I’m going to be posting my previously-written monthly notes. Since starting these in early 2013, the only thing that I’ve lamented about the notes is the lack of search- and link-ability. I’ve written before that the blog is my pensieve, and, simply, I want to be able to link to these stories for my clients (and for me).
So, apologies for the cluttering of your feeds for the next few days (fixing formatting from the notes to the blog is time-consuming). This one is from June 2013.
Thank you as always for choosing to spend a few minutes reading my notes every month. I truly value your time and appreciate your feedback and replies. I’ve been talking about this note for a few months, and I appreciate your patience. This month: (I was aiming for under 1k words, now I’m shooting for under 1500) I’m talking about the ethical dilemma I’ve been teasing for a couple months, a quick market update and a couple other things.
In what I’ve taken to calling “The Hoodie” email –
Super-fast back-story: Sometime in the past I represented a buyer. As part of the home inspection process, we sought out an expert to further educate and guide us. He was highly recommended and clearly knew what he was talking about. So that all parties – agents and clients – could be on the same page, I recorded his inspection, his explanation, – everything – and sent our request along with the video to the sellers’ agent. Now, I know this agent, but not well enough for her to wrongly assume I share her prejudices.
The response –
“I watched the video this am and got a good laugh:)) I don’t know that the man with the strong accent in a hoodie inspired me to consider him an expert! I’ll await the written report with his credentials.”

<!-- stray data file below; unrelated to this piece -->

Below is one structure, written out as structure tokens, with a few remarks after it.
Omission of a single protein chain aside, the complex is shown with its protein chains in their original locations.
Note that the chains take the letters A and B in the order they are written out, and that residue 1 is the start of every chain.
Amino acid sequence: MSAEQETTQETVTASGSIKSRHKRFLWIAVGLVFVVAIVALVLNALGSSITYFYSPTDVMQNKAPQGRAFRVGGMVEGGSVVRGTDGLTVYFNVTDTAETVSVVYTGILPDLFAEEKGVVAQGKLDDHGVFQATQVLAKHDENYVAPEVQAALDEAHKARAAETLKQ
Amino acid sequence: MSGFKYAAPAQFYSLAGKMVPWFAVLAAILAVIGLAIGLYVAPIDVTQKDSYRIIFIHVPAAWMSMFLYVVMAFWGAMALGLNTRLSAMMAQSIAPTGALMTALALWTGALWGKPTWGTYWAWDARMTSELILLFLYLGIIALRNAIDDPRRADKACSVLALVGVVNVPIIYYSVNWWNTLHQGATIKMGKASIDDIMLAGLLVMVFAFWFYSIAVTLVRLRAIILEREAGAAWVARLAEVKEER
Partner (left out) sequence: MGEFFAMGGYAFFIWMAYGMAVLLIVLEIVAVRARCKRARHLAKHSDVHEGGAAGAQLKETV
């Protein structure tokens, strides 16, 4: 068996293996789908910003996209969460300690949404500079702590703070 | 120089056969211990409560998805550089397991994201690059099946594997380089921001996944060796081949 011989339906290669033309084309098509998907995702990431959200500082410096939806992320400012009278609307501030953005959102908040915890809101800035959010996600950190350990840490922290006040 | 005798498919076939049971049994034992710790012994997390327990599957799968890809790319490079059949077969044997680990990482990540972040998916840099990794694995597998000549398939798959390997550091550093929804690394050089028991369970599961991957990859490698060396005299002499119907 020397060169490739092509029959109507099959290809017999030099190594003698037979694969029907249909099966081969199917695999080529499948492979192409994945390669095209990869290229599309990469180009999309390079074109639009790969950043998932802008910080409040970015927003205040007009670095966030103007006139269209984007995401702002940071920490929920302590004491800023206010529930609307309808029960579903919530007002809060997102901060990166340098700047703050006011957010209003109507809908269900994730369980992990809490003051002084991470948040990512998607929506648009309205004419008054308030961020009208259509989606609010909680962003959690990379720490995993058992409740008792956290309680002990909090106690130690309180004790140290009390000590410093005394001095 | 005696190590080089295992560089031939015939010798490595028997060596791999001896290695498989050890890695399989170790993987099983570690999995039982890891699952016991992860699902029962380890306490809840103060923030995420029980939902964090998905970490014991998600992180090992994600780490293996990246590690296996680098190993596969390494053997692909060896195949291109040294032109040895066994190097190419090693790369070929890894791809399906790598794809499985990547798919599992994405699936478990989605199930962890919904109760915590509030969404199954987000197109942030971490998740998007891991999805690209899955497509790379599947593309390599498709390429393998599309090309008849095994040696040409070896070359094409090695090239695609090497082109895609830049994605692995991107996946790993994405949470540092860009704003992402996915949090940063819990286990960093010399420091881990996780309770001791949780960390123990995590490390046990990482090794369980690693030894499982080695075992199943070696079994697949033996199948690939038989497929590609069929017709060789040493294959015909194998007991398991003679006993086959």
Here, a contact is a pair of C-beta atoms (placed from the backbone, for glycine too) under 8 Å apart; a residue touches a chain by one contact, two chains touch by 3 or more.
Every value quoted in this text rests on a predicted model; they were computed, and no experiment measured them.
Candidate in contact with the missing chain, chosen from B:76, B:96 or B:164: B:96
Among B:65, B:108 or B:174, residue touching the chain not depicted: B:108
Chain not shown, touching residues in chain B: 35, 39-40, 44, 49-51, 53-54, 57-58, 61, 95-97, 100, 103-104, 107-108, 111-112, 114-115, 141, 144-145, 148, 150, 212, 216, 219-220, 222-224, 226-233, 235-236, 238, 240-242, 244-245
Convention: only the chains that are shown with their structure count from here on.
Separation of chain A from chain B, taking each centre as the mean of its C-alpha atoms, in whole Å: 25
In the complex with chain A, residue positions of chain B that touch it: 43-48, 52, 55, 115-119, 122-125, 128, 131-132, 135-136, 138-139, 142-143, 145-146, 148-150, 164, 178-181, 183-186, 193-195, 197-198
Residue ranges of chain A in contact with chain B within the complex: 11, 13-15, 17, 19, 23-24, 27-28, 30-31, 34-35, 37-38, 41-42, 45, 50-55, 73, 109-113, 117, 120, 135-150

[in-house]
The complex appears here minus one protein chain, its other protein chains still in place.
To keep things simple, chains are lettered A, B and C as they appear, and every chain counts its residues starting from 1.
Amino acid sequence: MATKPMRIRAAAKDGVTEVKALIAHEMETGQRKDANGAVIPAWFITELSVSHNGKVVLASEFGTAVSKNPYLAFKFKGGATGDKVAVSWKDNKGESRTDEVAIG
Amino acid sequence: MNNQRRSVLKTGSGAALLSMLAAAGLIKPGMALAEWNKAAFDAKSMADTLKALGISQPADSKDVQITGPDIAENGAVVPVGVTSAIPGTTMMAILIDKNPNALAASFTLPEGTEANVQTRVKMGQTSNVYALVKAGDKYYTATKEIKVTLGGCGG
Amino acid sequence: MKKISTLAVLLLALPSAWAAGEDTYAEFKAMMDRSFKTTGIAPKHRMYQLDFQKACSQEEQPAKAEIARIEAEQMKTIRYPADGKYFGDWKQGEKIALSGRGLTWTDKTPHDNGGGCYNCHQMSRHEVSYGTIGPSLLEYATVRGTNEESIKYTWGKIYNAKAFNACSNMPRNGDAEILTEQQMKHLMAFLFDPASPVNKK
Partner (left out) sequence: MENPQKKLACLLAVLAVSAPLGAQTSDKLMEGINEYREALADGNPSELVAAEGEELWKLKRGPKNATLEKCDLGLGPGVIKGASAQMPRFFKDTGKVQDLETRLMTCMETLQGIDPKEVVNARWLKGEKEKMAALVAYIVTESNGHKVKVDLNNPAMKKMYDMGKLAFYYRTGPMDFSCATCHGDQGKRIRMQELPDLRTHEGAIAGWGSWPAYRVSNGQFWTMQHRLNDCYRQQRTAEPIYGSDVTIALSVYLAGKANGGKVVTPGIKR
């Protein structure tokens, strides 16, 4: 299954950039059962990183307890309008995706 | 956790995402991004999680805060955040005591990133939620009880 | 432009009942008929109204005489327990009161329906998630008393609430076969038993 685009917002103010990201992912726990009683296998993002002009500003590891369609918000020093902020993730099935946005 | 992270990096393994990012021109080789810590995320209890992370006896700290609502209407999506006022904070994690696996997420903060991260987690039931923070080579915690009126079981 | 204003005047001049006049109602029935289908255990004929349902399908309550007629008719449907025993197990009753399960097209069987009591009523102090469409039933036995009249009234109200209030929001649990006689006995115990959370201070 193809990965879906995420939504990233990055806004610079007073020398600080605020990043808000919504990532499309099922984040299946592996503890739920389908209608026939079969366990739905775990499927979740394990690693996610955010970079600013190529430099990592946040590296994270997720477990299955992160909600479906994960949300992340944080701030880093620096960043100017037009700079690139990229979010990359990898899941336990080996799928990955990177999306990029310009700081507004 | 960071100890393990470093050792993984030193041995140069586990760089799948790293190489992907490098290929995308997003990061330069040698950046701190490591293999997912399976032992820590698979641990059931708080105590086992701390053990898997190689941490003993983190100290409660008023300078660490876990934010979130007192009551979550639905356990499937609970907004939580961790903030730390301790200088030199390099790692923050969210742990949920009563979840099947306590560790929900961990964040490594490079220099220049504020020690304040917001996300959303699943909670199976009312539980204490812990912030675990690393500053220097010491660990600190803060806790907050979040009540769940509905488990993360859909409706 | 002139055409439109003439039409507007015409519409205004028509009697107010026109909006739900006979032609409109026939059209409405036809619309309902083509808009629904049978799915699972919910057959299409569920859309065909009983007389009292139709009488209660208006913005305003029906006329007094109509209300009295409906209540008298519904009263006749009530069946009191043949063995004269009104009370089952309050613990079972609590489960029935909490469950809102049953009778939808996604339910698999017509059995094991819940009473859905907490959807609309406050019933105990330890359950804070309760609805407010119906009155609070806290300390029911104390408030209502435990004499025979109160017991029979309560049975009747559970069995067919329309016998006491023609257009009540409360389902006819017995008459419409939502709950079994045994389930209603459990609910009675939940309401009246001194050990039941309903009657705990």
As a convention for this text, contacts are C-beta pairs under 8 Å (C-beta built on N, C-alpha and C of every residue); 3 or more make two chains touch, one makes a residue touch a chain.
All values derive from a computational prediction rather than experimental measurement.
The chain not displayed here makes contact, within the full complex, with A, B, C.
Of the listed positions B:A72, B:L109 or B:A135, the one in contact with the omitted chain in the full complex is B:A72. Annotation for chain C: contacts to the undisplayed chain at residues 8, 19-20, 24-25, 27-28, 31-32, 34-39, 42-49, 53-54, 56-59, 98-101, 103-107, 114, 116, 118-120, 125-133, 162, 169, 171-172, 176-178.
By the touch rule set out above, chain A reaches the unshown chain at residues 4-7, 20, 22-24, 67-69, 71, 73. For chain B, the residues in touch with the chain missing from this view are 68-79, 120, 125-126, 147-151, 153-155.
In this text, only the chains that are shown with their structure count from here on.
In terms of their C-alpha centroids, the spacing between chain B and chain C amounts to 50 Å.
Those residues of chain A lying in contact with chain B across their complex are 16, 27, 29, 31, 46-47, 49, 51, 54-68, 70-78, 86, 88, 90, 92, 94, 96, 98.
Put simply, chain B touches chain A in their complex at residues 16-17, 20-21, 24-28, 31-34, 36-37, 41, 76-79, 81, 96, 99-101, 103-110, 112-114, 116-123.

I’ve asked a couple real estate experts and the responses have ranged from “that’s awful, unprofessional, typical for southerners (it’s not)/should be an ethical violation/ I wish it were a fair housing violation …”
To me, it’s wrong – on moral and ethical fronts as well as those of common decency to your fellow man. I didn’t respond to her; focus was on my clients’ best interests and deviating from the negotiations to address prejudice and ignorance would not have served them well. I’m inclined to let this go – primarily so that my clients won’t have to rehash this; I’d much prefer they simply enjoy their home as they and the sellers seemed to be great people.
What do you think? Let it go? Chalk it up as something that’s a reality in this world? Something else? For now, I see it as a lesson that prejudice still exists in the most unlikely places.
“We’re only as good as the agent on the other side of the transaction, and that scares the sht out of me”
As said to me last month by a fellow agent. To which I say “amen”. The best, most competent agent in the world can be nearly defeated by an agent on the other side who either isn’t competent or doesn’t care, and that’s a terrifying thing. A simple example: if one agent lives by the contract, the deadlines, etc, and the other doesn’t … all parties suffer (and the client with the unresponsive agent probably doesn’t know). There’s no good way for the public (or agents) to ascertain who’s good and who’s not so good until you’ve experienced the difference. Consumers tend to use a Realtor only once every 5-7 years, so it’s hard to know the difference until after the fact. The best way? Ask a good Realtor. (I know … it’s a Catch-22)
Buyer activity seems to be slowing. Interest rates are rising. Quality inventory is still lacking. If you want to sell, I’d be inclined to advise you to put your house on the market now-ish. If you’re looking to buy, keep looking, but be prepared to be frustrated. Some sellers are deluding themselves that the house prices increase nationwide 12%! headlines are telling them to ask for insane prices. Do your math. Be unemotional. Hire great representation.